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Author Topic: Cylinder Heads  (Read 1239 times)
MarkB
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« on: January 30, 2011, 03:48:16 PM »

Hi.
We have a set of 1969, 186 heads that are 1.94 valves, these heads have never been machined.  We would like to open them up to 2.02.  Is this a good idea, or for some reason a bad one?  Also, would you have a suggestion for a very good machine shop.
Mark & Shelley
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william
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« Reply #1 on: January 30, 2011, 04:05:08 PM »

Just putting in larger valves will not accomplish much without porting. When the factory did this there was another machining step to un-shroud the intake valve. That would also have to be done. While you're at it, you should convert to screw-in studs. One or more of the factory press-in studs are virtually guaranteed to pull out with stronger valve springs and some RPM.

When all is said and done you will have invested a bit of money in stone-age technology. Iron Vortec heads are available used or new and will bury the old 186 castings. They do require a specific intake but from I have read it is well worth the power. Paint it all orange, no one will know.
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Jon Mello
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« Reply #2 on: January 30, 2011, 05:45:20 PM »

The Vortec heads use the center-bolt valve cover design and are not visually identical from the outside just by painting them orange. Vortec heads also use a different design intake. It's all good stuff but does not have the original look, if that's something you care about. The 186s are a good set of heads. A competent local machine shop can pocket port down in the bowl and set you up with 2.02s. Definitely put in screw-in studs if you use the heads.

-Jon
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Jon Mello
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Jerry@CHP
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« Reply #3 on: January 30, 2011, 06:03:33 PM »

I'll chime in here too since we do so many engines at CHP.  That's the very rewarding part of the hobby IMO........building engines.  I always start out with 194 heads if we have to do a 302 or 350 engine.  If you find an original set of 202's they've ususally had so many valve jobs that the heads are junk with very deep sunkin valves.  The flow won't be very good when you're done either on a set of heads that had 15 valve jobs.  Building a new set of 194's allows you to cut the seats to the proper tolenances, machine the intake valve un-shrouded area and do a fresh competition valve job.  On the engine in my Stocker, that's what we did the heads on the engine that I set the NHRA national record with.............they are dated 291's that match the car.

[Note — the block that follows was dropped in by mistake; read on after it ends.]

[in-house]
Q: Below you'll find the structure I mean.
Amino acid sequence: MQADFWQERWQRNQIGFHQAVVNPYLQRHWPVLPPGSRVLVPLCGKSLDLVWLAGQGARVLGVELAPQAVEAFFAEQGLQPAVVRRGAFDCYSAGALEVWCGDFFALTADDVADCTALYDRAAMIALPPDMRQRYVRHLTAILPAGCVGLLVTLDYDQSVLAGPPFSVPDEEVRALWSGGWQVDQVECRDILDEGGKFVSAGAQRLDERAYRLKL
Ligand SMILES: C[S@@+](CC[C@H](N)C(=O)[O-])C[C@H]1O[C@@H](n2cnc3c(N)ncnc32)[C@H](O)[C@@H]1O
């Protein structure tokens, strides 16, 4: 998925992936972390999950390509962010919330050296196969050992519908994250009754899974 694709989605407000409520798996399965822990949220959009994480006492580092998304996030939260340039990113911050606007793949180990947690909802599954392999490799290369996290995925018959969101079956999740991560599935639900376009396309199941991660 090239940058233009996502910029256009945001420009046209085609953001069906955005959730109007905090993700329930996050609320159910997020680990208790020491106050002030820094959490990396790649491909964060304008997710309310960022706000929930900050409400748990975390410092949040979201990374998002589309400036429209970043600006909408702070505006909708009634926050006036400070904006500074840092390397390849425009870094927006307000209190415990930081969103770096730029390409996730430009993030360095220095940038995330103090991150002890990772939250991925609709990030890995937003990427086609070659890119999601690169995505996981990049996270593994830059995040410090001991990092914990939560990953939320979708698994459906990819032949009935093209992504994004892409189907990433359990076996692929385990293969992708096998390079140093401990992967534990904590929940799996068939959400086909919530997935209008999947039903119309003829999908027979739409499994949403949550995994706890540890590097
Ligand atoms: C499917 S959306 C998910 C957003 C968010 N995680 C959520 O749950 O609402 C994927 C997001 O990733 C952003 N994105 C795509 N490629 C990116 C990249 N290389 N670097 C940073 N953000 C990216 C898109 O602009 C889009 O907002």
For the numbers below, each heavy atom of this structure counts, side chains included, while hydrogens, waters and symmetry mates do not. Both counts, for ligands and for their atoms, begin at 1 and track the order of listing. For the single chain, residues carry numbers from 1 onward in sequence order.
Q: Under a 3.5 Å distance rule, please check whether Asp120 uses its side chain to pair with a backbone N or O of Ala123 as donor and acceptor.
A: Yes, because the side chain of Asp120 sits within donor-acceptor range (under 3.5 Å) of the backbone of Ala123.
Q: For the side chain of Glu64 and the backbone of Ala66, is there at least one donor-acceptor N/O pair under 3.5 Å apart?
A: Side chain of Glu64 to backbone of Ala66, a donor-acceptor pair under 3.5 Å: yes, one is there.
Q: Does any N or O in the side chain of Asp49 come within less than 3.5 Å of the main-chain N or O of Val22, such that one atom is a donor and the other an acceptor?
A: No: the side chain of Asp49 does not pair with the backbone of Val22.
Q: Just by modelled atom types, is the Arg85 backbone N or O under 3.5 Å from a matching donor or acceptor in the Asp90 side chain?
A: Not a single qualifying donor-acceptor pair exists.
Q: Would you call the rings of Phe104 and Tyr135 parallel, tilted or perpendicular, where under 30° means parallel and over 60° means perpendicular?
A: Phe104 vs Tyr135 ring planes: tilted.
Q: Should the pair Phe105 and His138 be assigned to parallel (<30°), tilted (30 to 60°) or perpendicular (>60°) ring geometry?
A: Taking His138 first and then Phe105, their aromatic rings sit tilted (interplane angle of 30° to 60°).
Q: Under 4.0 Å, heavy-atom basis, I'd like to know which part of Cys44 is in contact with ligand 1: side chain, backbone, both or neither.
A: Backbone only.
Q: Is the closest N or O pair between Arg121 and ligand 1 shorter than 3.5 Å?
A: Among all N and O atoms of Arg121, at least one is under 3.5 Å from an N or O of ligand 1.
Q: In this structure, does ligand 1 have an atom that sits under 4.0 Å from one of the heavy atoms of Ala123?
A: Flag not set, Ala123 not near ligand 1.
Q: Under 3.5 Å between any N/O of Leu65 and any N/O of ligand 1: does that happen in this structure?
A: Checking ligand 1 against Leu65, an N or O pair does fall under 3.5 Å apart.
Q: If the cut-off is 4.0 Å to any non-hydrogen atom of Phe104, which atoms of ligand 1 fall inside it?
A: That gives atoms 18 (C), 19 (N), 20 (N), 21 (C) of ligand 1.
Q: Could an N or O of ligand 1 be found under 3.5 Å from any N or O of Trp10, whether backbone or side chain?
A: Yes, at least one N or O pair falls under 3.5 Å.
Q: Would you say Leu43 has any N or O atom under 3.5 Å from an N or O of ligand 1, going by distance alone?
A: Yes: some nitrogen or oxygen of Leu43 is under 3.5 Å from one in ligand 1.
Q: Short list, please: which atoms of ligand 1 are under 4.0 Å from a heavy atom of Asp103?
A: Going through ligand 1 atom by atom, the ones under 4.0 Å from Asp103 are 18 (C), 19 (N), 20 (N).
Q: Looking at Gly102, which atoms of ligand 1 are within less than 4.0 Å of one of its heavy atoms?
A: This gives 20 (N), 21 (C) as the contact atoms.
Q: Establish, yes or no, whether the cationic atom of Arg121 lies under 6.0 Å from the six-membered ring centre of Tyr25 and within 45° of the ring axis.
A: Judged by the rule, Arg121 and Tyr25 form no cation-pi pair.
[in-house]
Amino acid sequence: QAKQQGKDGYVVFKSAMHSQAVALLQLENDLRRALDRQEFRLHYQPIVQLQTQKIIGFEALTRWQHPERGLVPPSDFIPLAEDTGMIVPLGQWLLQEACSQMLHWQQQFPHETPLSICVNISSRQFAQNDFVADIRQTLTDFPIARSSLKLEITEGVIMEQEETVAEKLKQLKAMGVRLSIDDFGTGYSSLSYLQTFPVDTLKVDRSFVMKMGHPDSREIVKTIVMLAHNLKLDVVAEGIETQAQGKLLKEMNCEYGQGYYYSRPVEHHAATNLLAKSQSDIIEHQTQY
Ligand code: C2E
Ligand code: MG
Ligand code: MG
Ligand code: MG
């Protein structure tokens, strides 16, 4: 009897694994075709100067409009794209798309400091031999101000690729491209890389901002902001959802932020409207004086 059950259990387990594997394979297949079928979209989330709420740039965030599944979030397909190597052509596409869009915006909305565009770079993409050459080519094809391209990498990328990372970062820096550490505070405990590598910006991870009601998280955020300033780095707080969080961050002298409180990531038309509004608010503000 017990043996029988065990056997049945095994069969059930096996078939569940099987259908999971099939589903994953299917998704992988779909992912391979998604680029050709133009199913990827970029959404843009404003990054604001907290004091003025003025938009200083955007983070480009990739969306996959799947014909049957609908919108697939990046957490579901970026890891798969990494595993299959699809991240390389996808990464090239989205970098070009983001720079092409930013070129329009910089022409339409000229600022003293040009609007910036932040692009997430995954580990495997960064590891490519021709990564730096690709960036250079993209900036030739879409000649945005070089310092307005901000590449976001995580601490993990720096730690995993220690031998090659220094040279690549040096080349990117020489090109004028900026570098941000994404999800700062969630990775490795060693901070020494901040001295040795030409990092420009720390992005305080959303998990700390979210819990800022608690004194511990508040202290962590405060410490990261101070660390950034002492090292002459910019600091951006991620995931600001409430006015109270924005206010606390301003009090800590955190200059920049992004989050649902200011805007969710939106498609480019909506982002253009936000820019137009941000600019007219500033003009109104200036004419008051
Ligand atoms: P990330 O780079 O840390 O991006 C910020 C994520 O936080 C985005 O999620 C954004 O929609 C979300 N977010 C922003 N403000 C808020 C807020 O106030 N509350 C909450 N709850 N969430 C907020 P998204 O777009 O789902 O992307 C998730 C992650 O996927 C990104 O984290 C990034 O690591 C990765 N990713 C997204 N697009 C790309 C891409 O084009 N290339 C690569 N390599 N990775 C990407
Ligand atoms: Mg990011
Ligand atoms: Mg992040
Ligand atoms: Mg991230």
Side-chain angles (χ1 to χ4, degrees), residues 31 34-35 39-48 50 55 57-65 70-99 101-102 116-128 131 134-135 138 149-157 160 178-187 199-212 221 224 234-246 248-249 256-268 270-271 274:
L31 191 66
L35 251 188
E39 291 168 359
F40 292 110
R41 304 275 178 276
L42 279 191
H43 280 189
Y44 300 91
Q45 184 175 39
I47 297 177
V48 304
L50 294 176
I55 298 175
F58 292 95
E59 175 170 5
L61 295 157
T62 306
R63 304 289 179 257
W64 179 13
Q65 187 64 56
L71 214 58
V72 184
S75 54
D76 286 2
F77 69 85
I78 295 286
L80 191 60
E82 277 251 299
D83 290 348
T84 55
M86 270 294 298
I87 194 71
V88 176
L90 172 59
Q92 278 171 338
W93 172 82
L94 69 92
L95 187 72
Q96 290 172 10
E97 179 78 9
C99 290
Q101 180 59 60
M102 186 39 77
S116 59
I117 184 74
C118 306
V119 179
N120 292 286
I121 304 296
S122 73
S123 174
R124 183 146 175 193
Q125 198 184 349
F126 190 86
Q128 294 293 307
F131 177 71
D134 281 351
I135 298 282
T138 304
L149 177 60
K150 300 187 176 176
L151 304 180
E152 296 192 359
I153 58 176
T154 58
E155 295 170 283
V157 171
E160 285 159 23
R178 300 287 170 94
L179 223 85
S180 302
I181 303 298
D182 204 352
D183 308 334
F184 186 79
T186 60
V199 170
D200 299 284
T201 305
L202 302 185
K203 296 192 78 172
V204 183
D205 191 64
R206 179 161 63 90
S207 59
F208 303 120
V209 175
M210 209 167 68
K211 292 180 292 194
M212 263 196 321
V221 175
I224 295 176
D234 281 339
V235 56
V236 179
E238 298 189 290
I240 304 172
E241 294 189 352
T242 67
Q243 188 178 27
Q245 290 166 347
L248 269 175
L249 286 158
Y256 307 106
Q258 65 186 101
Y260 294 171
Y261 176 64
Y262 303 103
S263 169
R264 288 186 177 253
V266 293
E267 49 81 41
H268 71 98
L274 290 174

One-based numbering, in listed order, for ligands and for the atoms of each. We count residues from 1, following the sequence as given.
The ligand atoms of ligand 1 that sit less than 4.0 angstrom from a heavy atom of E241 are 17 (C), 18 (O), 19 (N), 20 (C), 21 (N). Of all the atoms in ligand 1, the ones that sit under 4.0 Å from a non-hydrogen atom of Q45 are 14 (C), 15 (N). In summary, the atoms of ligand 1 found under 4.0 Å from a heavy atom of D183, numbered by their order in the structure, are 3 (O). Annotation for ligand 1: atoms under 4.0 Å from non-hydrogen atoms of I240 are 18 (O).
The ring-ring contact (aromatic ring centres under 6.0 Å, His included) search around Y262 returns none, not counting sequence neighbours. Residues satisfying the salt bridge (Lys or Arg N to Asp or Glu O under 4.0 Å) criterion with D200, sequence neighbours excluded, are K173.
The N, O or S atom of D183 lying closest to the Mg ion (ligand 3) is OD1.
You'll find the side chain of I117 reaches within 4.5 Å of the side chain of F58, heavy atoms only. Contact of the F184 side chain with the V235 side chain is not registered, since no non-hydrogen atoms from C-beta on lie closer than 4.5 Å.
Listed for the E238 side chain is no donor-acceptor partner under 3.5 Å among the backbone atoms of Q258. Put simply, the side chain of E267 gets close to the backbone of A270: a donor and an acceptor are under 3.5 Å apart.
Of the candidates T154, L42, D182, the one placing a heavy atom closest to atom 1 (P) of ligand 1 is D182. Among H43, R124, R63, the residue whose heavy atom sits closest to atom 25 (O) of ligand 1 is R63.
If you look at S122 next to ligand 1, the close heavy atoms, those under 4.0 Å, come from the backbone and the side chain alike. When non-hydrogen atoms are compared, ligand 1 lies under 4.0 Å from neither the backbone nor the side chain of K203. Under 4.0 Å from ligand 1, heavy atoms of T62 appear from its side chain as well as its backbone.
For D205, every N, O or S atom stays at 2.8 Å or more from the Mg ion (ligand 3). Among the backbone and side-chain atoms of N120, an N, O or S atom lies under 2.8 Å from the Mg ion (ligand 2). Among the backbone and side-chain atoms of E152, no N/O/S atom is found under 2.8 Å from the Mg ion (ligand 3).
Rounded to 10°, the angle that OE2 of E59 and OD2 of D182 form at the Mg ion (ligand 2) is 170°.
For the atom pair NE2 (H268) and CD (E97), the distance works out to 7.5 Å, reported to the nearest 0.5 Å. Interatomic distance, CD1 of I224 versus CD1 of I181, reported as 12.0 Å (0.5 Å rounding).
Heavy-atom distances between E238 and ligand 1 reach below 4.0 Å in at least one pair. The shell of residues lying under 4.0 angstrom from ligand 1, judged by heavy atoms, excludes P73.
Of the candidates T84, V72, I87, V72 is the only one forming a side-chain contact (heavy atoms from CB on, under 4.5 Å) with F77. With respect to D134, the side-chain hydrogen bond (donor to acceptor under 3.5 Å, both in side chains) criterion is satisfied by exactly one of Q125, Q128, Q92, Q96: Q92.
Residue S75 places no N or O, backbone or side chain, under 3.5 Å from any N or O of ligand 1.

For the factory look, I have several 302s in the machine shop now.  Pioneer makes a nice screw in stud that is round and looks just like the original push in stud.  Only difference is it's threaded on the end.  You remove the press-in studs, tap the head holes for the threads and install the new threaded studs with Locktite.  Torque and you're done!  That's all there is to it and you don't deviate from the stock appearing heads if the valve cover is removed.  And they are just as strong.  I would never cut an original set of heads for screw in studs and guide plates if I don't have to.  There are other options as I've mentioned here.   

Another note, guide plates are not needed if the push rod holes in the heads are not worn.  I do not have guide plates on any of my Stock Eliminator engines.  We were not allowed to use them for years.  And mine work fine the way they are now.

Jerry     
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Jerry@CHP
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« Reply #4 on: January 30, 2011, 06:06:03 PM »

Send the heads to us. 

I'll be glad to do them if you wish.  Burtonsville Machine who I use has one of the best reps in the country and have more NHRA National Record holder engines in the field than anyone else.

Jerry
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